Flower Power: Spadix and Spathe in the Araceae Family
An iconic leaf you often see representing the luxuriant vegetation of the tropical world is an arrowhead or heart-shaped leaf with a drip tip, coming in many sizes, iterations and venations (vein patterns), found in plants of the Araceae (“ar-ray-say-e”) family. Common names are Aroids or Arums.
You may have first learned about this huge plant family in your own home, when your mother installed a large Philodendron in a corner of your living room. You had your first lesson in botany when you saw the leaves turn squarely toward the light and saw the plant quickly climb that roughhewn board wedged into the plant pot. If you are like me, you can’t remember ever seeing the Philodendron flower. In just a few weeks the Philodendron sent out various leafy tendrils, some threatening to take over your dad’s Lazy Boy. Our mothers probably cut them back before they had time to invade or to bloom.
In the Neotropics there are more than 500 species of Philodendron; about 250 species occur in Costa Rica, 3000 species worldwide. Other major genera of the Araceae family found in Costa Rica are Anthurium, Monstera, Syngonium, Spathiphylum and Dieffenbachia.
You may already know the family Araceae from the Jack-in-the-Pulpit (Arisaema triphyllum) and another plant common in the Northeast of the USA, skunk cabbage (Symplocarpus foetidus), one of the first plants to appear in early spring. These, and all the other members of the genera listed above, have the distinctive inflorescence of tiny flowers or florets on a spadix emerging from a bract or spathe. The hooded spathe of the skunk cabbage–blotchy, brownish-purple (the color of rotten meat)–covers the spadix and opens only when the female flowers are receptive.
Like some of its tropical relatives, the skunk cabbage is capable of thermogenesis, a complex chemical process involving impressive generation of heat. The high temperature of the blooming spadix and its covering spathe, the first parts of the plant to appear, melts the snow above. Why do skunk cabbage and many Aroids in the tropics generate heat? Why, to promote pollination: the foul odor of skunk cabbage attracts mostly beetles and flies, and sometimes even butterflies. The heat–as much as 86 F (30 C) higher than the ambient temperature!–volatizes odors broadly and efficiently, thus attracting pollinators from greater distances.
Another possible evolutionary advantage for thermogenic plants is that the beetles that pollinate them prefer their warmth: beetles don’t move much until the sun shines and temperatures rise. More moving beetles in a warm thermogenic environment, protected from the elements by the spathe, with pollen nutrients to eat, means more reproductive opportunities for the plant. It seems like co-evolution at its best.
I first learned about thermogenic mechanisms from a magnificent elephant-ear-sized leaf specimen, a tree Philodendron cultivar (below) at the Wilson Botanical Garden of San Vito, Costa Rica, where I worked from 1989 to 1999. Related to my development responsibilities was giving tours to natural history visitors. What impish fun I had when leading silver-haired Elderhostelers to the robust plant when it was in full flower, a large white spadix thrusting out of its pink lined spathe. “Touch that,” I would dare one of the ladies. Her scream of shock when she put her hand around the hot spadix woke everyone who was starting to doze on the tour. A plant generating such heat always astounded and amazed the ever-curious groups, giving me a chance to explain the advantages of heat generation for pollination by the beetles. The flowers’ fragrance is pleasant in this case and carries far at full maturity.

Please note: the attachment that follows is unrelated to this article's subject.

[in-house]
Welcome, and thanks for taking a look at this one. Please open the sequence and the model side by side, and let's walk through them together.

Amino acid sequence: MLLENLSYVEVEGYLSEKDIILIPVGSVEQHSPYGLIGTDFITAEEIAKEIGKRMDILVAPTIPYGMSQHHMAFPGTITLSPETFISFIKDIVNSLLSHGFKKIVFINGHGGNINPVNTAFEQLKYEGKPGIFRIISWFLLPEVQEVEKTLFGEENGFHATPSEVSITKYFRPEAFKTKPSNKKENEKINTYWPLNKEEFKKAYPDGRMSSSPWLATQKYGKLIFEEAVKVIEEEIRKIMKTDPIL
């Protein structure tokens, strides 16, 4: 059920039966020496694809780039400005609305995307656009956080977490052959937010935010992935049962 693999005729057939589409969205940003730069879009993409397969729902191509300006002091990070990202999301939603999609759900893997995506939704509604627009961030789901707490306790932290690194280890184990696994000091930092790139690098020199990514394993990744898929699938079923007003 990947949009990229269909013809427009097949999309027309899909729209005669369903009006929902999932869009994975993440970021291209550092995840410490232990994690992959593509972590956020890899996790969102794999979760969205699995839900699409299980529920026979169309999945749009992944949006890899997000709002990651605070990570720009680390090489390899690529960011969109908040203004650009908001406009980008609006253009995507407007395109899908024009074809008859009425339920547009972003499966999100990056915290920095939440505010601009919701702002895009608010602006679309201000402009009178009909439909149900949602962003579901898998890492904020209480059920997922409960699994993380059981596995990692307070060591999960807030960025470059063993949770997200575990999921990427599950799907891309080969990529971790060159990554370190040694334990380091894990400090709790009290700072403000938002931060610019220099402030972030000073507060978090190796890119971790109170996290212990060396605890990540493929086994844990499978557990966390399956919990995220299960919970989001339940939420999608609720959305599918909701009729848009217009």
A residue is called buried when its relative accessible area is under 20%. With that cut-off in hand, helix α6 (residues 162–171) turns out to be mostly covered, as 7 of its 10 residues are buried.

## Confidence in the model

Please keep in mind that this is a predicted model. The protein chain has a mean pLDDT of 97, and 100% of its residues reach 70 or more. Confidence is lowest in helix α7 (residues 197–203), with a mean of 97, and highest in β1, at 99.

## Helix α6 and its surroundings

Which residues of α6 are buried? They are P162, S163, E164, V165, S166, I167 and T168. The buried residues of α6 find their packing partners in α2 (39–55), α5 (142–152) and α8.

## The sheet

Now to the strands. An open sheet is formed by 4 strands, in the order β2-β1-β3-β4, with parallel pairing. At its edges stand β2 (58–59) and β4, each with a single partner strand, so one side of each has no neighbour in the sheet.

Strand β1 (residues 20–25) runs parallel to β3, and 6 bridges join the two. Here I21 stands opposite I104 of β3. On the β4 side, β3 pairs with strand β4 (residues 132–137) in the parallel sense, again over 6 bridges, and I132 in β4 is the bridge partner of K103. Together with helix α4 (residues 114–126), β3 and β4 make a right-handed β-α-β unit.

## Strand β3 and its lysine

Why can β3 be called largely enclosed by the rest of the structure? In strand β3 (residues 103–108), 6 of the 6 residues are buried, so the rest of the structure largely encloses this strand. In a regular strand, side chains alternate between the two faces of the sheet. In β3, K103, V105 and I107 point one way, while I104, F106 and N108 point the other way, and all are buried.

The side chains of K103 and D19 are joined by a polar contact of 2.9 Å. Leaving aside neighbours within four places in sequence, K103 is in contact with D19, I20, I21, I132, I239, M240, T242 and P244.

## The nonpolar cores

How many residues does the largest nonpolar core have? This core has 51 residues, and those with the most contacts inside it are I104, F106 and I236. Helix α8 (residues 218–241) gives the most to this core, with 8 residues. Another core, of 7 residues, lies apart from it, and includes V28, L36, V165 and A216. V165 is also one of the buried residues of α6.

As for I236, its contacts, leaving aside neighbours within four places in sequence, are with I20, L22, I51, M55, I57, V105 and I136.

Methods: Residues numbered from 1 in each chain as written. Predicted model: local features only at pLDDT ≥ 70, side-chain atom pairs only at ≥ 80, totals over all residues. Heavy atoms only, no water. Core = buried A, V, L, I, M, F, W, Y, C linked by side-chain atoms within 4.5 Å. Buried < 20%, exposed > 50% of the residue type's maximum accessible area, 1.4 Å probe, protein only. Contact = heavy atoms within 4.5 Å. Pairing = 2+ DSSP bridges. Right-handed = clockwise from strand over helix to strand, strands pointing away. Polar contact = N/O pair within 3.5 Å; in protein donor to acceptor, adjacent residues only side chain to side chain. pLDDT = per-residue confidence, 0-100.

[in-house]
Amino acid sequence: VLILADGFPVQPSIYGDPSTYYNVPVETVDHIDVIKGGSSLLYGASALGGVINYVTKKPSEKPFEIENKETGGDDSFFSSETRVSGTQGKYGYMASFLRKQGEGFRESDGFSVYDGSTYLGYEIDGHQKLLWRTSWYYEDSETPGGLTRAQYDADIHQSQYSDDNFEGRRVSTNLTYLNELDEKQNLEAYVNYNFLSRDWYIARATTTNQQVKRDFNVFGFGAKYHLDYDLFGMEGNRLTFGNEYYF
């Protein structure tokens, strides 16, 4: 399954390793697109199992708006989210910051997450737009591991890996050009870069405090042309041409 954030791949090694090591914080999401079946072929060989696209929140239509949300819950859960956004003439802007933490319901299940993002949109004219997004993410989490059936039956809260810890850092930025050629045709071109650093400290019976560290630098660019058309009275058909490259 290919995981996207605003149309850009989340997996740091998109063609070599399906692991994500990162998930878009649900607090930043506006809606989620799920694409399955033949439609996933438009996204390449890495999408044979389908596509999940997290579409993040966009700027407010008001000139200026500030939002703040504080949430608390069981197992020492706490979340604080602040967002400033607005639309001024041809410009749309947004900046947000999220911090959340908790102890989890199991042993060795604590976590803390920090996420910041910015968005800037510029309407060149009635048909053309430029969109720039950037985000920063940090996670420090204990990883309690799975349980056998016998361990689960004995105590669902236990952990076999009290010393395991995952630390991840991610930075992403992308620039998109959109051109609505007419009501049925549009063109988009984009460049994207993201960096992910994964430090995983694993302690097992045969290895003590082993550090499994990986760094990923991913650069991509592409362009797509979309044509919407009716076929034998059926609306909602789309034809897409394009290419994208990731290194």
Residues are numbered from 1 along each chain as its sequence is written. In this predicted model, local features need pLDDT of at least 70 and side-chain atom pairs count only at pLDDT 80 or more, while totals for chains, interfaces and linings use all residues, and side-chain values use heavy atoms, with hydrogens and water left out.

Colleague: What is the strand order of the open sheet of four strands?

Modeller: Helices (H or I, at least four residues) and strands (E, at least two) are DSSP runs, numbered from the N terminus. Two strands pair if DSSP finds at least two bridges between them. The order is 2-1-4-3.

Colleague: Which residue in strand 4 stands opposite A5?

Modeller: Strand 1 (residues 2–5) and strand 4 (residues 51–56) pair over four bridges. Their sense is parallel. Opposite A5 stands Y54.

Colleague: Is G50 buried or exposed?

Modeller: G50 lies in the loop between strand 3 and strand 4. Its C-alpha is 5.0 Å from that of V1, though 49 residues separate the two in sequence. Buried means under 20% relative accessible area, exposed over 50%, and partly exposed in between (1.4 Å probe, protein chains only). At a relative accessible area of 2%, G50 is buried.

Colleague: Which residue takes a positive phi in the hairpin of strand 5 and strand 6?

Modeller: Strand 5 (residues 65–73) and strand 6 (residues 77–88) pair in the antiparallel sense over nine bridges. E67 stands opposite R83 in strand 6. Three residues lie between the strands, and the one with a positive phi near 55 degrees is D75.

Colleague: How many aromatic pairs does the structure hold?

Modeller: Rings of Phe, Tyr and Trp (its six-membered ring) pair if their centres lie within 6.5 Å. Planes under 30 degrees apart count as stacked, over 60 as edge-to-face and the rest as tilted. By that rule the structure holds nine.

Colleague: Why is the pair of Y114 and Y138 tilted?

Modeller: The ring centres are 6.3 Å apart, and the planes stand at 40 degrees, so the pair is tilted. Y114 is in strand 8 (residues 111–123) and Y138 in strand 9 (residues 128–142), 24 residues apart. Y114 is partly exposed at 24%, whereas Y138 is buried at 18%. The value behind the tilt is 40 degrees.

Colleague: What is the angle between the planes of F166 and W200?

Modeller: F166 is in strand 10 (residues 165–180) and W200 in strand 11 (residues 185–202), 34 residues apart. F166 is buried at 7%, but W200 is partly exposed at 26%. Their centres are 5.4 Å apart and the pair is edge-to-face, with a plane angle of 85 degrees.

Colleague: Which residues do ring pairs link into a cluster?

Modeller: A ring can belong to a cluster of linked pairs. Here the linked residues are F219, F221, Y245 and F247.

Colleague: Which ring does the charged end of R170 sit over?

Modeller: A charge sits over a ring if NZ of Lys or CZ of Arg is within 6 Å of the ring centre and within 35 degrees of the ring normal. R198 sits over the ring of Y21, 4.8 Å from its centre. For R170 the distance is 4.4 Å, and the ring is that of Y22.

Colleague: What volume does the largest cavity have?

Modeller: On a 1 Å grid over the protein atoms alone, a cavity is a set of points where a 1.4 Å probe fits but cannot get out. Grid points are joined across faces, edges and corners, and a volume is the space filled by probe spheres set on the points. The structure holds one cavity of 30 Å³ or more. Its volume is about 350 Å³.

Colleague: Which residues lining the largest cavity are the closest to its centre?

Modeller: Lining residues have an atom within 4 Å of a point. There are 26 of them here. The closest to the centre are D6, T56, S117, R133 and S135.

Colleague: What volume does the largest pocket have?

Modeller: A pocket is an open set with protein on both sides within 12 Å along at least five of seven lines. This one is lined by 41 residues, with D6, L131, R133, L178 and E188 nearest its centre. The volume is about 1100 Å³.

For those on the West Coast in Northern California and points further north, you are likely accustomed to another member of the Araceae, the common Calla Lily found in moist areas and wetlands—actually, not a lily at all, but an Arum, the Zantedeschia aethiopica. The Calla spadix has a mildly sweet fragrance but does not generate heat. Though lovely as cut flowers, Callas can spread invasively and are sometimes considered pests.
Here at Finca Cantaros, pollination events on non-heat-producing Anthurium and Spathiphyllum are busy affairs, attracting stunningly attractive Euglossine bees, commonly called orchid bees as, indeed, they visit orchids as well. The loud buzzing of the hairy, yellow and black Euglossine bees in the genus Eulaema first attracts my attention if I happen to be walking by a flowering spadix. Then I observe on the same inflorescence the more quiet amber, blue or green metallic orchid bees in the genus Eufriesea. As a photographer, I can get very close to the action: these are stingless bees. They are practically oblivious to the lens just inches away. Nothing matters to them except grabbing the chance to gorge and collect pollen, thus ensuring future flowers and the next generation of bees.
Likewise, in the case of our own thermogenic tree Philodendron bipinnatifidum, scores of large nocturnal scarab beetles, smaller beetles, flies, earwigs and others arrive to dine and copulate, but it’s the beetles that do the heavy lifting of pollination.
As for all the heat-producing Aroids, there is something reassuring in the knowledge that beetles have been pollinating relatives of this plant family since the Mesozoic era, which ended 66 million years ago. We see the simple beauty of natural selection at work today in this ancient, enduring adaptation.
Heat-producing Flowers, by Roger S. Seymour and Paul Schultze-Motel, Endeavor, Vol. 21 (3), 1997.
Willow Zuchowski has an excellent chapter on the Arum and Philodendron Family in her book Tropical Plants of Costa Rica, A Guide to Native and Exotic Flora, pp. 354-365, a Zona Tropical Publication (2007).
Click on any photograph to enlarge it, then hit back button to return.